Bill Slim’s “Defeat into Victory” is a must-read for students of warfare. It could well be a must read for politicians who seek to turn the tide and come out successful amid all the adversity. But if a publishing house was looking for an author to title something like “Victory to Defeat”, BNP chairperson Khaleda Zia would be a strong candidate. Rarely in the politics of the sub-continent has one seen someone poised for victory losing out all and ending up giving the rival a walk-over as Khaleda has done in the recent parliament elections in Bangladesh.
Around the time she had that famous 37-minute chat with Sheikh Hasina and the prime minister came up with the ‘multi-party cabinet’ to hold the polls, I recall CPB president Mujahidul Islam Selim making a valid point. He said the BNP, provoked by its ally Jamaat-e-Islami, was walking into the Awami League trap. Selim was almost prophetic but it is a surprise why Khaleda could not see the obvious. The nation was in a mood for change in keeping with the post-1990 tradition of anti-incumbency and BNP was poised for victory if it contested the polls. The most favourable intelligence reports landing on Hasina’s desk did not promise victory for the Awami League. They only differed on the margin of defeat.
Hasina had no fallback options when she made the “multi-party” cabinet offer to look like she was trying to be inclusive. So she must have prayed that Khaleda would be as obstinate as ever in pushing for the caretaker and not accept the “all-party” option for the polls. It was a gamble that paid off. The BNP hit the street with the Jamaat, provoking more violence and providing Hasina with the justification to use the condign instruments of the state against the Opposition.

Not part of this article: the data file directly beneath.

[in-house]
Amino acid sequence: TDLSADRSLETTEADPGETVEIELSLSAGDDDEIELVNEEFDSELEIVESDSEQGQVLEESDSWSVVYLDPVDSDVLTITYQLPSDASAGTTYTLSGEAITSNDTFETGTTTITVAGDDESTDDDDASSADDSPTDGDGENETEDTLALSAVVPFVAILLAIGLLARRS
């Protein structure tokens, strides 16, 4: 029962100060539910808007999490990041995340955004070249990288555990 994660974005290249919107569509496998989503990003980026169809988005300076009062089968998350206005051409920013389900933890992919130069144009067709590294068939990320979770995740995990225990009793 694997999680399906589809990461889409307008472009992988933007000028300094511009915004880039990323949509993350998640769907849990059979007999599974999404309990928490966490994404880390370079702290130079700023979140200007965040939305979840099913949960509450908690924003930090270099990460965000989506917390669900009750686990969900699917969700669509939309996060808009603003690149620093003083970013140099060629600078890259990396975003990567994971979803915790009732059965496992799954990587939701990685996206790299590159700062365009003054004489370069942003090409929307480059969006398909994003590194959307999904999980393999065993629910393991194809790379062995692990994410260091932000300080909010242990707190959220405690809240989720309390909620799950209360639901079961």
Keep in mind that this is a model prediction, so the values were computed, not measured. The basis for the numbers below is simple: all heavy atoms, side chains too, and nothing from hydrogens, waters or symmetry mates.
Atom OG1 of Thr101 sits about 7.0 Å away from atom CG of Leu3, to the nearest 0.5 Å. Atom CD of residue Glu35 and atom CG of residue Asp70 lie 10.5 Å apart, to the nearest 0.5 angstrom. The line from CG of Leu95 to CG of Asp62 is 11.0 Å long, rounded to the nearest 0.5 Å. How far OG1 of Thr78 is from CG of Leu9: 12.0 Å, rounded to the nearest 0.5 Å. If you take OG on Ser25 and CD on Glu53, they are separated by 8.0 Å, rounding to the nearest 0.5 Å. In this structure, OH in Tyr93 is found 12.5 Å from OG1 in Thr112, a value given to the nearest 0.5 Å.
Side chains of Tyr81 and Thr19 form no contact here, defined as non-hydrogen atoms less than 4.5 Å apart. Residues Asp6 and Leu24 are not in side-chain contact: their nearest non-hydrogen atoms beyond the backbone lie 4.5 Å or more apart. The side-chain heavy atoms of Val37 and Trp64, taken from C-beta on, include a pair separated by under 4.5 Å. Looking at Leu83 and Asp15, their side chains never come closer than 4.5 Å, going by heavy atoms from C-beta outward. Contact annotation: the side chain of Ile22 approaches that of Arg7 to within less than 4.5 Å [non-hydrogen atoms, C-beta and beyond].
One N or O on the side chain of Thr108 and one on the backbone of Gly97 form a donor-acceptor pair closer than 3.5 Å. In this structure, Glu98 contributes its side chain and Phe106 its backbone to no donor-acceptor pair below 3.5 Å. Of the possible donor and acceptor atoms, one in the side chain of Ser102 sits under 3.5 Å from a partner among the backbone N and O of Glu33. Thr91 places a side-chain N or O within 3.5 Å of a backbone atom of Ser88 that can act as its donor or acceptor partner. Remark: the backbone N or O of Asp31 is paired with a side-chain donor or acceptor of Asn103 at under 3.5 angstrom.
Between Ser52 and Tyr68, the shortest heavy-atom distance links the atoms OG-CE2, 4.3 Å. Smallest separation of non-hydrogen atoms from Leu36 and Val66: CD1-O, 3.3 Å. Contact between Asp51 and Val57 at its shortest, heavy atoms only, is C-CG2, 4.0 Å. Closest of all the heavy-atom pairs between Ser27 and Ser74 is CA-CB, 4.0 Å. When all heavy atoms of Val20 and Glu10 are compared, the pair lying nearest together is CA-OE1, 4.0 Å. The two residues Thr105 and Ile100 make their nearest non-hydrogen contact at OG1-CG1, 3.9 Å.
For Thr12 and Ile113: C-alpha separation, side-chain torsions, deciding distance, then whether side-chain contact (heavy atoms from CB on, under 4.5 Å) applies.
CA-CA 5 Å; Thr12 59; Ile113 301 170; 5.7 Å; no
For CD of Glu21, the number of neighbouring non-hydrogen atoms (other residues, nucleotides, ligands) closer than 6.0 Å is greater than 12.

If Khaleda had accepted Hasina’s all-party cabinet proposal and agreed to join it and then go for the elections, most senior Awami Leaguers admit not even God Almighty could have saved the party from defeat. The BNP had been out on the streets, its organisation mobilised, its Jamaat allies ever willing to fight it out. Then if it suddenly blew the peace-pipe, agreed to contest the polls if their leaders and activists were released, the transition from agitation to electioneering would have been easy.
The Awami League was busy handling huge factional squabbles all over the country and even Hasina’s authority was not proving effective in managing dissidence. The Awami League, bloated over the years in power, would take time to mobilise and unless they faced an agitation threatening life and limb, they would not have much of an urgency to hit the streets. For Khaleda, it was important to keep her supporters on the streets and not give the Awami League a good reason to come out. That would prove fatal for the Awami League in the end. Riding the wave of anti-incumbency which seems to be endemic in Bangladesh since it returned to democracy from military rule, the BNP would have come to power.